by Amy Reiter in Food News, June 3, 2016
by Emily Lee in Healthy Recipes, June 2, 2016
What’s in a name?
Sugar by any other name would still taste as sweet. “Evaporated cane juice” may sound a lot healthier than “sugar,” but the Food and Drug Administration has decided it’s really the same thing. The agency has just released guidelines advising food companies to avoid using the term “evaporated cane juice” on labels and instead use the term “sugar,” which it has concluded is more accurate. (The FDA says it’s OK to modify it — as in “organic cane sugar” — as long as the word “sugar” is somewhere in there, NPR’s The Salt reports.) Food blogger Marion Nestle hailed the decision, telling The Salt: “Sugar is sugar, no matter what it is called. Now the FDA needs to do this with all the other euphemisms.” Suh-weet! Read more
by Min Kwon, MS, RD in Healthy Recipes, June 1, 2016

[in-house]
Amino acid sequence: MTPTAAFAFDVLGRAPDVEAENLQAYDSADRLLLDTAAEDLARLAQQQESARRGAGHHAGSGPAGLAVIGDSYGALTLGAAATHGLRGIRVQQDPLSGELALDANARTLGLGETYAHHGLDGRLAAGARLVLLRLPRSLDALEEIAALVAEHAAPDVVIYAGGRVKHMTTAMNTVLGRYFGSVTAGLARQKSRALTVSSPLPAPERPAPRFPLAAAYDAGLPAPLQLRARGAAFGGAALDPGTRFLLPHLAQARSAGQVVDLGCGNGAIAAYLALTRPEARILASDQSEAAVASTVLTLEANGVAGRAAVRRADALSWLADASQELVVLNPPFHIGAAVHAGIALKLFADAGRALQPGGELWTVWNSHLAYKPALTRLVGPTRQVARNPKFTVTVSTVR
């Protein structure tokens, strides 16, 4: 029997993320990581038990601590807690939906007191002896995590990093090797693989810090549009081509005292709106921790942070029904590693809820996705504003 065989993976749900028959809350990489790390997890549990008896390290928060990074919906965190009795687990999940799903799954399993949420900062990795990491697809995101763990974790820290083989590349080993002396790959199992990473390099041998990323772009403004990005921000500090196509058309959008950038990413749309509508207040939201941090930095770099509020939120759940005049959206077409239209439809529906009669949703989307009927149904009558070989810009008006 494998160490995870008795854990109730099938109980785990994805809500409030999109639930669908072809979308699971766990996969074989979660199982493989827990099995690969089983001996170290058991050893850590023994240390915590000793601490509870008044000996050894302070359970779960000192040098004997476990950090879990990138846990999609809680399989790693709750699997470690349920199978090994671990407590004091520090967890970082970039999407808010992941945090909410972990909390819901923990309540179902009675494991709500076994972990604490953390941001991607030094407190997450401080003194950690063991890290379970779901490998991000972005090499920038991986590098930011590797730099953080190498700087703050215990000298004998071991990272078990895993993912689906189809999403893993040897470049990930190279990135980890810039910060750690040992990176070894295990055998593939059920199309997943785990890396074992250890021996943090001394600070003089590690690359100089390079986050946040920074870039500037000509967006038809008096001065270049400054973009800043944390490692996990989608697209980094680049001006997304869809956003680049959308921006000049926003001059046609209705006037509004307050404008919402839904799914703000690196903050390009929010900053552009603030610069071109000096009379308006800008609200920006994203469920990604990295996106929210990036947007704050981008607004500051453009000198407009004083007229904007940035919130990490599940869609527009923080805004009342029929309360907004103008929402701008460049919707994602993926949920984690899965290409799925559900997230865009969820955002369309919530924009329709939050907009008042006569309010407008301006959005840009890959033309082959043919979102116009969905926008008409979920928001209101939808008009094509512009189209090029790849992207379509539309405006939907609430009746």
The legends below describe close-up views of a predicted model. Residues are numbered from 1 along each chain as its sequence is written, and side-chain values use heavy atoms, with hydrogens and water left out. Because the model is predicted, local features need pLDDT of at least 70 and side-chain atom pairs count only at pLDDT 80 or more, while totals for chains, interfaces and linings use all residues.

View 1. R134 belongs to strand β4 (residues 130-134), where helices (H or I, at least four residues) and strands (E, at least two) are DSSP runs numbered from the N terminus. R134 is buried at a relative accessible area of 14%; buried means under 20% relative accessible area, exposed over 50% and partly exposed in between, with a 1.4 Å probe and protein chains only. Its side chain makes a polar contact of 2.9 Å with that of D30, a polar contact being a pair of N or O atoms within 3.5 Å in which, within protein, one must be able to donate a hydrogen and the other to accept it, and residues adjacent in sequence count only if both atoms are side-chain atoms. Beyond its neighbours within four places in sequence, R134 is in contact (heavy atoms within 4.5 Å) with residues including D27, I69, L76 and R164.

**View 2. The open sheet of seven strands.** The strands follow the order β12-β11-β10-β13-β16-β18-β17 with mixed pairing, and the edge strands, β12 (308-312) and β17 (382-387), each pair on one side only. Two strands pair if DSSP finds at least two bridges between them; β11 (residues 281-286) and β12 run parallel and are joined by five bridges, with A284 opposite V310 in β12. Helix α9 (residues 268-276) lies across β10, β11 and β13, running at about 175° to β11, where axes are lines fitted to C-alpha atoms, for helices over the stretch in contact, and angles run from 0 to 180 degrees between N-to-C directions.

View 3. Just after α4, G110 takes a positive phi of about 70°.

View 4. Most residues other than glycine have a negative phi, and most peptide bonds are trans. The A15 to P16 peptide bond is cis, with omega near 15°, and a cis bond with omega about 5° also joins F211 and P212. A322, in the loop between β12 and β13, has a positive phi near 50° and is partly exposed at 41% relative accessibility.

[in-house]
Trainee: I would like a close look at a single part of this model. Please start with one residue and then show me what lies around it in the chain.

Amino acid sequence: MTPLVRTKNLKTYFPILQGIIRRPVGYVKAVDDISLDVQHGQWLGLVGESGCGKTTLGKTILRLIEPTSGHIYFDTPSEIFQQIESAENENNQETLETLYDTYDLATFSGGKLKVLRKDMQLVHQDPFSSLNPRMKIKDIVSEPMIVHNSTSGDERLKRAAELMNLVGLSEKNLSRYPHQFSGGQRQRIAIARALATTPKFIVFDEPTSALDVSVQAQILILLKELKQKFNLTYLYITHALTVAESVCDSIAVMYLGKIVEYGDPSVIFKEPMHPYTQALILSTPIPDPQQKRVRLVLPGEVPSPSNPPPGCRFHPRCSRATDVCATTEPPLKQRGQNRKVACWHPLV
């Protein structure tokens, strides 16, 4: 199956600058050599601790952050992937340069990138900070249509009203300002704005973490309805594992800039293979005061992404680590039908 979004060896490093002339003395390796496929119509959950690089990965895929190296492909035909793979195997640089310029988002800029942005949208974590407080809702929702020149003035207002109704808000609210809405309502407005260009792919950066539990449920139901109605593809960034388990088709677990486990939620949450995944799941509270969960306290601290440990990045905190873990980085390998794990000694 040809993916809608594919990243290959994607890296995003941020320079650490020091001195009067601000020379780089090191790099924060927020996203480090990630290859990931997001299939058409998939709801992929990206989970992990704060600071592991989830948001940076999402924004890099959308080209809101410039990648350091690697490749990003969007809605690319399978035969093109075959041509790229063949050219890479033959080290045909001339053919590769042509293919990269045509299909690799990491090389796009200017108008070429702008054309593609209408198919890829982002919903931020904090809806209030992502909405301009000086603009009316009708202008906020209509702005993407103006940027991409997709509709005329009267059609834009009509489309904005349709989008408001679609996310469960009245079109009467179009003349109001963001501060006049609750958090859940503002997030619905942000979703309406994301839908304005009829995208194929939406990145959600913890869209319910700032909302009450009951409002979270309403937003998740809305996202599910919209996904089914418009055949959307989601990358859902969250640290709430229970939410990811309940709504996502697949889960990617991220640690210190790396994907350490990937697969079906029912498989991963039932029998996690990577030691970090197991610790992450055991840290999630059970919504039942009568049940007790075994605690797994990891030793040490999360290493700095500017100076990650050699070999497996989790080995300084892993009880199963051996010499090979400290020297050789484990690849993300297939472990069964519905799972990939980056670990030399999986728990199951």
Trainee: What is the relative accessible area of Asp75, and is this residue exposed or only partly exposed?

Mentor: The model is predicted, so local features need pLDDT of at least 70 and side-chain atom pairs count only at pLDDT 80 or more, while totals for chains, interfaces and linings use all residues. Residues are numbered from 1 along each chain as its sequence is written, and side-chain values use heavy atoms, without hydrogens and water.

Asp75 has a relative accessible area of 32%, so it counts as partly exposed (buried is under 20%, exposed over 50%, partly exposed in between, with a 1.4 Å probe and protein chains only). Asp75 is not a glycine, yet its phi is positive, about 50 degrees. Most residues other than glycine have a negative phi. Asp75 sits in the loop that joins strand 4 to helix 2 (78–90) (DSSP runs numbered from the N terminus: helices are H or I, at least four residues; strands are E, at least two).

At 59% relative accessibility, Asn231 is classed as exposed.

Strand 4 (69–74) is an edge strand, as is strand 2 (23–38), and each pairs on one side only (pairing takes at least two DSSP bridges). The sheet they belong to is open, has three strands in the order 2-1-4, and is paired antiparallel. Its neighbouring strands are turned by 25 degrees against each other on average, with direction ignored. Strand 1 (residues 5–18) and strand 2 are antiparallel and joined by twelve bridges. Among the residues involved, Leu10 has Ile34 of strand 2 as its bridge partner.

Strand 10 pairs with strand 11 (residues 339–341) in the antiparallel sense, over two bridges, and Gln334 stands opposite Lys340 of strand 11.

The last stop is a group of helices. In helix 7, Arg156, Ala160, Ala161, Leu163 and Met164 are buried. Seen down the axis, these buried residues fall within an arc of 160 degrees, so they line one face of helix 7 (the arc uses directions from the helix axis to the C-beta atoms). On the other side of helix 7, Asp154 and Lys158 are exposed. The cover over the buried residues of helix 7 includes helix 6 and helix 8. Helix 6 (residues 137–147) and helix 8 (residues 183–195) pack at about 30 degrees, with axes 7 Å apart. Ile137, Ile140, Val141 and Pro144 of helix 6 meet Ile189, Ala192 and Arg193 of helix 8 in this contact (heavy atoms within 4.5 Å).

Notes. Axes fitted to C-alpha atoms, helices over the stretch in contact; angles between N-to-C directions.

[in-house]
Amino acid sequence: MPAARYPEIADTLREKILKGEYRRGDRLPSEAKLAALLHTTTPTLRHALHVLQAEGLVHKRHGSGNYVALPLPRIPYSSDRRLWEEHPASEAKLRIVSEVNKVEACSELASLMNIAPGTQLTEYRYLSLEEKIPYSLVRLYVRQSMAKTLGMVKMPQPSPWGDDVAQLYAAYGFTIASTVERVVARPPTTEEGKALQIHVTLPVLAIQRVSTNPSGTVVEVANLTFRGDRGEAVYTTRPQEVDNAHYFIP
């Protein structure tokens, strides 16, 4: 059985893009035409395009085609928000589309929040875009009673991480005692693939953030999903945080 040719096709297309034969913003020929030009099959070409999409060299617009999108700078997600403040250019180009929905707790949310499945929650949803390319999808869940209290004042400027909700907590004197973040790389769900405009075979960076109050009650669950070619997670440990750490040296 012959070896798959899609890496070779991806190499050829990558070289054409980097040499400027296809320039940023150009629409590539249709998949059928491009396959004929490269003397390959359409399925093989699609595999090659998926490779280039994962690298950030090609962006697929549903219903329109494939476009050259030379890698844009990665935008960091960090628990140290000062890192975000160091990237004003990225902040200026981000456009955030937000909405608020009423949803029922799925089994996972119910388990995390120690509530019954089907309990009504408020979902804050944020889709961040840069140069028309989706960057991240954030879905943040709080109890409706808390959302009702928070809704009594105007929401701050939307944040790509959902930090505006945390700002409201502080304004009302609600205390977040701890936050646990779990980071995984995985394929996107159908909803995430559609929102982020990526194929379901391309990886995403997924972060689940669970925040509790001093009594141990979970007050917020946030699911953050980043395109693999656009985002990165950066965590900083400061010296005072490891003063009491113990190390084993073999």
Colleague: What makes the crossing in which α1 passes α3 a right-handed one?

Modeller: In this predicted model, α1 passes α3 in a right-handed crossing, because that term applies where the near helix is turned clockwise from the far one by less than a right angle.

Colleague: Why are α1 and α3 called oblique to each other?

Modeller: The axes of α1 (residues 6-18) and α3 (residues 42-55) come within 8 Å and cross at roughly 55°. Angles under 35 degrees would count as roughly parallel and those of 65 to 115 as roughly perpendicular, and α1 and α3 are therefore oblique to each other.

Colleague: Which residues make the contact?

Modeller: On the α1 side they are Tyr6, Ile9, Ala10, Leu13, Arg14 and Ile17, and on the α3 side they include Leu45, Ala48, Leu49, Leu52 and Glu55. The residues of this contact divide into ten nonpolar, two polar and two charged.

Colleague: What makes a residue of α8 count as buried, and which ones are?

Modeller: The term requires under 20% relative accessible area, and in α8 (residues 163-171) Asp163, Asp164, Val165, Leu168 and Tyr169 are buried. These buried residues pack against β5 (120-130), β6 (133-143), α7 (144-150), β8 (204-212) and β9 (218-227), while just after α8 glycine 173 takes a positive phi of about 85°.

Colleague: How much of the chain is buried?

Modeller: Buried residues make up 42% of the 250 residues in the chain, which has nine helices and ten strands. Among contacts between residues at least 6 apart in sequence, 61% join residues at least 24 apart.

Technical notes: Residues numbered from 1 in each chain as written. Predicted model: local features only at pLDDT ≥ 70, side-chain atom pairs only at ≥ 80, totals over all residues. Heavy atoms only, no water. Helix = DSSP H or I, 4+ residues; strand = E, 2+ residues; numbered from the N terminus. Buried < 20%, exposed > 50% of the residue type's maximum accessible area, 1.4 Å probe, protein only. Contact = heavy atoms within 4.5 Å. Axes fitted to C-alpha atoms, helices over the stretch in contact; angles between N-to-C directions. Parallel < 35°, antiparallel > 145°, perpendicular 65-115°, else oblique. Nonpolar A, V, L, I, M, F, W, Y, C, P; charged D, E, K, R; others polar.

Summer’s celebratory tenor is best evinced by near-weekly cookout invitations. But as our social calendars fill out, so, too, could our hips. Nothing is more disruptive to a healthy eating regimen than encountering an ice cream sundae station or a heaping plate of barbecued spareribs weekend after weekend. Our solution? Lean, smoky, protein-packed grilled chicken. It’s easily our best bet when it comes to light summer dining. The only problem is that the humble grilled poultry tends to get, well … a little boring. In truth, it’s not the chicken’s fault. If your go-to preparation method involves throwing some chicken on the grill after a quick dunk in store-bought barbecue sauce, then it’s time to switch up your technique. All it takes is a flavorful sauce, glaze or rub to invigorate this simple dish. Here are six ideas to kick-start a season of healthy summer grilling.